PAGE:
Students, especially children, need consistency and some semblance of a routine to create a comfortable and safe learning environment. Though the unpredictable teacher may think of themselves as pretty easy going, a study of their actions may prove that was only the case with a few students.
For each of the above archetypes, there is a flip side. While the Dictator may be too strict, at least they have a set of rules, routines and expectations. This important, it just shouldn’t be the class focus. The Magician may have unrealistic goals, but at least they are ambitious and care about the progress of their students. Similarly, while the Laissez Faire teacher may have a chaotic classroom, at least they are trying to make things fun for themselves and the students, they just need to make sure the fun has an aim. Lastly, while the Unpredictable teacher’s mood swings create classroom problems, it is important to make exceptions sometimes and not follow the rules so closely that it impedes learning.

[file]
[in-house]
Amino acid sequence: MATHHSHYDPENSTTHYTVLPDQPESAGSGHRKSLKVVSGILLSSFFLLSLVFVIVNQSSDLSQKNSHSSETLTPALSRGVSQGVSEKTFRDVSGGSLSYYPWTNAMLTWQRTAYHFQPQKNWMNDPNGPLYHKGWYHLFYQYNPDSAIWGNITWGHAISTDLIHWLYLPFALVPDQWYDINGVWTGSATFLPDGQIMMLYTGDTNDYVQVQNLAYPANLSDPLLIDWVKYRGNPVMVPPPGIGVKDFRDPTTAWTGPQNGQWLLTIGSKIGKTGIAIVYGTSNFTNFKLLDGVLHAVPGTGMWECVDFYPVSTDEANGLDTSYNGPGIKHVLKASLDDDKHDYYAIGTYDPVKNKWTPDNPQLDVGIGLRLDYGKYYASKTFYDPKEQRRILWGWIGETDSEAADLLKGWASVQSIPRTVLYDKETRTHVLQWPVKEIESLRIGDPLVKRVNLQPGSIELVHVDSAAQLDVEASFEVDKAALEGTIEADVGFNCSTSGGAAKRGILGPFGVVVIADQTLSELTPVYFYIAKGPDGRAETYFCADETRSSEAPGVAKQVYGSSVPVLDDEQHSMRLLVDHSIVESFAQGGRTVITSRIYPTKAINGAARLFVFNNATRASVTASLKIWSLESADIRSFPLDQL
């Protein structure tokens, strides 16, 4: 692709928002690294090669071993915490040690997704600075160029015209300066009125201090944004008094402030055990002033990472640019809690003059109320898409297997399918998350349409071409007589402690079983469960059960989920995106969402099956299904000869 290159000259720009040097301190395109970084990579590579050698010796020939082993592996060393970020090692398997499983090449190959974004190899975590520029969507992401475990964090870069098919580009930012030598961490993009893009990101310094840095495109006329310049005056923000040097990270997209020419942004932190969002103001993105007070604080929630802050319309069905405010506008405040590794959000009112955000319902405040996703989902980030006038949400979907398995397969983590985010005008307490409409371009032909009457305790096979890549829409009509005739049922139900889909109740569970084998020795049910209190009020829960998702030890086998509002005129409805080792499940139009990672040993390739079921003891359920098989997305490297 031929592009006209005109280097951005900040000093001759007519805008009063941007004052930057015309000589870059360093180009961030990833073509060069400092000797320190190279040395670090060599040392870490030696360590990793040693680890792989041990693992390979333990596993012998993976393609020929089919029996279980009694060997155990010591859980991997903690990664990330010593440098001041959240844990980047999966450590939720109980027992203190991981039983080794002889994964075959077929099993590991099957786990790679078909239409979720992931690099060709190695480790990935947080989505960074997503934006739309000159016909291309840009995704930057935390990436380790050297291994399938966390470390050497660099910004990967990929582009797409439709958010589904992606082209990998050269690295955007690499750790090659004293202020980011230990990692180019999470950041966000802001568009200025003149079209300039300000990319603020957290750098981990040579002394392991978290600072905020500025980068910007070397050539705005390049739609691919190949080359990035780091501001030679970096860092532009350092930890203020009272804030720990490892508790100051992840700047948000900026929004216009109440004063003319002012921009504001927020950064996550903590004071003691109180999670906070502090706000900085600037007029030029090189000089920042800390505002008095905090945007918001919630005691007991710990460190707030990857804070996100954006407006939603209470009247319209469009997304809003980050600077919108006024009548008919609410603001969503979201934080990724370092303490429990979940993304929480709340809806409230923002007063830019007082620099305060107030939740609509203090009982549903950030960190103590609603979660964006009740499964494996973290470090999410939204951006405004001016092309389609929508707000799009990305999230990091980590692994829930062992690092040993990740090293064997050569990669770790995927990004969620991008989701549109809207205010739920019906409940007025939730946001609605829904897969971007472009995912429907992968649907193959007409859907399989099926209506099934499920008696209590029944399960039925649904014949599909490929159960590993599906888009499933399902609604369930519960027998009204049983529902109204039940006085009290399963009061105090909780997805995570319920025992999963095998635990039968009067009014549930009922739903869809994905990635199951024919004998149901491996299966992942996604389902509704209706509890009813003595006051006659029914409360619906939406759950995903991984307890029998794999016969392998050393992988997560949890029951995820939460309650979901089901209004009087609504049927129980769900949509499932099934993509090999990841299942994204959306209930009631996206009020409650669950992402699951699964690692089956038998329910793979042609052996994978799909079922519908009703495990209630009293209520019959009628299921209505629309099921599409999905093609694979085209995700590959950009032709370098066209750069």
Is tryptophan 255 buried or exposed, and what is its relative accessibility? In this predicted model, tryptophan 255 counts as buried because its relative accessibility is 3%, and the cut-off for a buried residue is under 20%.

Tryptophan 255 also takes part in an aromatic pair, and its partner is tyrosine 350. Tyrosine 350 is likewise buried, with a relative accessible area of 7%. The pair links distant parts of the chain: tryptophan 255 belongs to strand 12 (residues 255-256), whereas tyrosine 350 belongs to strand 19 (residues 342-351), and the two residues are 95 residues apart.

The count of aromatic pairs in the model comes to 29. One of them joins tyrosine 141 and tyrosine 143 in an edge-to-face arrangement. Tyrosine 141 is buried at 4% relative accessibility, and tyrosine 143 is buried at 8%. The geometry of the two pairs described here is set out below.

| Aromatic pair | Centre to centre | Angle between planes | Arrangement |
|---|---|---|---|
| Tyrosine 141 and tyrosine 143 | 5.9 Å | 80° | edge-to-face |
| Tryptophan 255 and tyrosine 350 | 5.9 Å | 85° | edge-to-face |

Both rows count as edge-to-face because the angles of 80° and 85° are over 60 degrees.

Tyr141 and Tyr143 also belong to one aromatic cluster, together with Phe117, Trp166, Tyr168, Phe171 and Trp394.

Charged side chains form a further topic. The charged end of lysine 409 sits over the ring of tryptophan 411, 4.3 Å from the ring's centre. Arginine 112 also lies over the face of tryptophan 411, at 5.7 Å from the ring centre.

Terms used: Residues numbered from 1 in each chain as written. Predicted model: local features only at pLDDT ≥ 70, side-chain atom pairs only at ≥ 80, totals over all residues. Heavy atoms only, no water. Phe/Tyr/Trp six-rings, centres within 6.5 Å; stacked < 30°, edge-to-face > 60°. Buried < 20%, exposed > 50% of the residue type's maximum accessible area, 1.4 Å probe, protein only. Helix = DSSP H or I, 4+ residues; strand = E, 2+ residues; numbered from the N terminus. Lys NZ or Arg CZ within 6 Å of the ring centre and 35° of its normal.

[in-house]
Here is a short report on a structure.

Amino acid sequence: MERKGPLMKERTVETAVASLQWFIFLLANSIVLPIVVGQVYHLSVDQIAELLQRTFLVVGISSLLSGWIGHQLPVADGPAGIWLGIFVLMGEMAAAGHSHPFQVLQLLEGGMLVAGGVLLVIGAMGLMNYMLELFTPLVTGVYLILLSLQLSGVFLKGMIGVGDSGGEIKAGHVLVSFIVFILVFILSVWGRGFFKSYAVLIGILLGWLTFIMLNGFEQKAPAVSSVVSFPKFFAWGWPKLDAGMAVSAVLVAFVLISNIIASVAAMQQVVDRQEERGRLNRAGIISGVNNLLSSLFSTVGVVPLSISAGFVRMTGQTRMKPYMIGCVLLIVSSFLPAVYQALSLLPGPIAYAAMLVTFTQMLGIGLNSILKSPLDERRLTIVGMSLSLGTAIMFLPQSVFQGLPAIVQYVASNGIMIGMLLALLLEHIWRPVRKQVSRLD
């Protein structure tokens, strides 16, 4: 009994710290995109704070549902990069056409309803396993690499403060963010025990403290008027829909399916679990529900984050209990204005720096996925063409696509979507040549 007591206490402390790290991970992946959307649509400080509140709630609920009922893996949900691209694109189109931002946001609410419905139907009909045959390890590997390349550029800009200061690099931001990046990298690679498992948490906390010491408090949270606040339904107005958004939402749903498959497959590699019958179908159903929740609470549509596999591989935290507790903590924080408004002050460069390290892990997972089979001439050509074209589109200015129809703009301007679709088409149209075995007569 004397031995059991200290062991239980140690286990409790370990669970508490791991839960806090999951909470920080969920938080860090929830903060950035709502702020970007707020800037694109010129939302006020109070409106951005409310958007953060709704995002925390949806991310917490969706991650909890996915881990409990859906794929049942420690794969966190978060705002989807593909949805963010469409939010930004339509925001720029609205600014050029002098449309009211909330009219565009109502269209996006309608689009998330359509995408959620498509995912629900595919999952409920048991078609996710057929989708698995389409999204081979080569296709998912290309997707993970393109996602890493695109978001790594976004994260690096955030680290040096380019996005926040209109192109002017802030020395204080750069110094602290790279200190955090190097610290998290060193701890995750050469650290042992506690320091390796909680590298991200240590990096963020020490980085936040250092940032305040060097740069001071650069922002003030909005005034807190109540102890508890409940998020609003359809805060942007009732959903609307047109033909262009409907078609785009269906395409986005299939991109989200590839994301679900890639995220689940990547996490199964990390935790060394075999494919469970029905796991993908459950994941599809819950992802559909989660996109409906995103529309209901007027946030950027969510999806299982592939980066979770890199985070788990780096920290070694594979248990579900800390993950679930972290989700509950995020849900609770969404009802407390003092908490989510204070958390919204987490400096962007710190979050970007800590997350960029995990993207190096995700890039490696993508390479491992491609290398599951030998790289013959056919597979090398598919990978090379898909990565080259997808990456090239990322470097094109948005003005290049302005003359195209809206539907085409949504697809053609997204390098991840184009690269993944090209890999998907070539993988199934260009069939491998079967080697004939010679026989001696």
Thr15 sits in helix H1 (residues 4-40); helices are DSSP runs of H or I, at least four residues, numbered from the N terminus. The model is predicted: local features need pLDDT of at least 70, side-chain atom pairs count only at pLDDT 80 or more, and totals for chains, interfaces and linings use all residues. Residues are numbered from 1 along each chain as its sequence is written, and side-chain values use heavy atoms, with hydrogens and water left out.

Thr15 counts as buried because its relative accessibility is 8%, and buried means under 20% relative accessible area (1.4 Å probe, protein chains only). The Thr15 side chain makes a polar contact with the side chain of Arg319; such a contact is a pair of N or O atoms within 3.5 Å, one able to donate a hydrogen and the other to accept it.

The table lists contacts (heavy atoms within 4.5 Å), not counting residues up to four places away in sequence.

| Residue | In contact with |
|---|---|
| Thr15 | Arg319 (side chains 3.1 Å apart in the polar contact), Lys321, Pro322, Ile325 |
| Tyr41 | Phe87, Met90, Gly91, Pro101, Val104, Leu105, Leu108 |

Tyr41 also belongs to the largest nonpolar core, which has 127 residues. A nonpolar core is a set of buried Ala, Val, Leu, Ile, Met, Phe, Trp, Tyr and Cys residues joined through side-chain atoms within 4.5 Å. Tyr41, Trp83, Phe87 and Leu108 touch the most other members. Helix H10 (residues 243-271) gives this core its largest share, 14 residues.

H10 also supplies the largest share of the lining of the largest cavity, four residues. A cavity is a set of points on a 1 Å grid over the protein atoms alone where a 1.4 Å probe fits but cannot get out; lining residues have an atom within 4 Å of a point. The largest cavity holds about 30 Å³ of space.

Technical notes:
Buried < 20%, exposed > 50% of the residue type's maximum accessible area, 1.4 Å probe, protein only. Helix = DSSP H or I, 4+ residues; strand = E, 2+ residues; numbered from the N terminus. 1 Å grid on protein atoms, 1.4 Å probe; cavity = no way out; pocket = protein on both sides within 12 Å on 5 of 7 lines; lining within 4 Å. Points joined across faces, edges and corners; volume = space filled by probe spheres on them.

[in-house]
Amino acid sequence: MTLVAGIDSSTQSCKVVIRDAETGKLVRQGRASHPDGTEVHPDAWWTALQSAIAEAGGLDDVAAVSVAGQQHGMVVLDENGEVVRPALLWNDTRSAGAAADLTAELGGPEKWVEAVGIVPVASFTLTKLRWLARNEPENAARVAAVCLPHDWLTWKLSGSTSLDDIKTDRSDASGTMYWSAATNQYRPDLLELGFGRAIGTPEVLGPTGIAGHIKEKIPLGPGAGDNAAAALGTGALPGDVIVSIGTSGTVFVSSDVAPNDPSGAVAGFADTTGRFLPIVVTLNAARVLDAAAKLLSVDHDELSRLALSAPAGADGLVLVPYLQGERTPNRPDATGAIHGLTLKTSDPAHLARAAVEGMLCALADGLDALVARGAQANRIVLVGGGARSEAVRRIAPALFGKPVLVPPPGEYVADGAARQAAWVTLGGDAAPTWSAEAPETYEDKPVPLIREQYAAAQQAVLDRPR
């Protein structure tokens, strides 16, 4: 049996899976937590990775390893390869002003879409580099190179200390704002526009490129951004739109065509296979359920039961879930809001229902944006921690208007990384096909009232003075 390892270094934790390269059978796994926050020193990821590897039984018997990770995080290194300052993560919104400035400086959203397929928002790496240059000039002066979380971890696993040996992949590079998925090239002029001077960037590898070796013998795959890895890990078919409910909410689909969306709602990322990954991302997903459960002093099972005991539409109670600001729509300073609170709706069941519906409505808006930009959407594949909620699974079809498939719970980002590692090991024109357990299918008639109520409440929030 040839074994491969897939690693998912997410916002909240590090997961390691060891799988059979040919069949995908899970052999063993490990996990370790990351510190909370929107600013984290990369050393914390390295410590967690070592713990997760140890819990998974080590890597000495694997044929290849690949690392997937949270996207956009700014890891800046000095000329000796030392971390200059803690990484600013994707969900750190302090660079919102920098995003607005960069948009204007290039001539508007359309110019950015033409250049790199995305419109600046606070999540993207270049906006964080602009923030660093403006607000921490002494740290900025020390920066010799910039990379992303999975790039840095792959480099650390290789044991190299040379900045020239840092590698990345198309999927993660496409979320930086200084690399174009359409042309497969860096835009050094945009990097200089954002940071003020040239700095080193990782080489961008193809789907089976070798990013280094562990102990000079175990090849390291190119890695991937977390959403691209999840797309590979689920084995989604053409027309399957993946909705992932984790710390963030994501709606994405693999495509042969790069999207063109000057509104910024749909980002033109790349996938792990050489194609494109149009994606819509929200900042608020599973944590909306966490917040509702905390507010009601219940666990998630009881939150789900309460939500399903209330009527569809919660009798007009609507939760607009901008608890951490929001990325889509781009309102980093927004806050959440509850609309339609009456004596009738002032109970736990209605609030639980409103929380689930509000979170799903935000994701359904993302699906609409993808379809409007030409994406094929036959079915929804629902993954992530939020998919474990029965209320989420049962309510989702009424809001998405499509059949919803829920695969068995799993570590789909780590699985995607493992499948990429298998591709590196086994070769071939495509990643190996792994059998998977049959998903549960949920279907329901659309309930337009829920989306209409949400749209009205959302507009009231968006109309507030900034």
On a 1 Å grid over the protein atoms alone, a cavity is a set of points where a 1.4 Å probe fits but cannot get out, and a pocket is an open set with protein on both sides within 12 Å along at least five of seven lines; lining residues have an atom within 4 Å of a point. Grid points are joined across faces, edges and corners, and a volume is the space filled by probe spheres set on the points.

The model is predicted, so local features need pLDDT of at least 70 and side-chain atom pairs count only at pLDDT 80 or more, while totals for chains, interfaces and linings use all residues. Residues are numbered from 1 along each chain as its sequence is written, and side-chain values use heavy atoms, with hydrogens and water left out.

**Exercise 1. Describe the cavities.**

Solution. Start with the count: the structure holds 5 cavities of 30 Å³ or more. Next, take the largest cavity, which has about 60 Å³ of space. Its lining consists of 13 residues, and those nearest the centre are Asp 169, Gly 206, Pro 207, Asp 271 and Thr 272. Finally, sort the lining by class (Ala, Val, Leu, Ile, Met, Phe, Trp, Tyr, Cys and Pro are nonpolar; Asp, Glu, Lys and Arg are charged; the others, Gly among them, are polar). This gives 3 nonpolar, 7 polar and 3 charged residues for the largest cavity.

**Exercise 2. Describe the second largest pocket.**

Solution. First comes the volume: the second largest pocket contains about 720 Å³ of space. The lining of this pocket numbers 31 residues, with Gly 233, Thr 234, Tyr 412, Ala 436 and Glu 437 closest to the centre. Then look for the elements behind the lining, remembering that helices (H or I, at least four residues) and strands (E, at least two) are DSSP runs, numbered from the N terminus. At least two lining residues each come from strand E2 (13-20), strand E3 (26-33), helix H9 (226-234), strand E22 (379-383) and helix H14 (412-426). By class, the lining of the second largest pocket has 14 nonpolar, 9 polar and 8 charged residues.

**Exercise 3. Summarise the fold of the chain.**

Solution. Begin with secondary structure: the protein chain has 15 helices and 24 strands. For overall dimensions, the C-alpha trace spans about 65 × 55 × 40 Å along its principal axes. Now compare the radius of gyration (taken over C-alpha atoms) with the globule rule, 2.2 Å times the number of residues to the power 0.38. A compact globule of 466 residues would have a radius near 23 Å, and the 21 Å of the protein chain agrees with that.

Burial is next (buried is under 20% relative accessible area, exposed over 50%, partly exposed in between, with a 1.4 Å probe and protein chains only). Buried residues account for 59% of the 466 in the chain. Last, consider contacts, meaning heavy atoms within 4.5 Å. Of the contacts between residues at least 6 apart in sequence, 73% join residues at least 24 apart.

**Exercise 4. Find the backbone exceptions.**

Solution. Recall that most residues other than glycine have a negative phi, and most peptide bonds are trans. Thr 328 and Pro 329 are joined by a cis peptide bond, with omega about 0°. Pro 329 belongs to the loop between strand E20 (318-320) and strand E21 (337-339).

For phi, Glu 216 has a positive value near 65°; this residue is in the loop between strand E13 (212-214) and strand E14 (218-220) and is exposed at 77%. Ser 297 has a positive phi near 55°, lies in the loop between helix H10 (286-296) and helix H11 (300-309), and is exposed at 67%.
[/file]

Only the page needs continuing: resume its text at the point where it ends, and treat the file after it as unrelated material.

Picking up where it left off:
It’s important to find your own balance in the classroom and not step too far in any of these directions. An important thing to do from time to time is step back and look at your classroom and ask yourself these important questions: Are the students having fun? Is the system working for everyone? Are the students learning? Continually checking on yourself and asking these questions will help keep you away from classroom management traps.
If you’d like help with that assessment, take my free quiz to determine where you lie on the classroom management spectrum. You can gain access to the resource by clicking on the link below.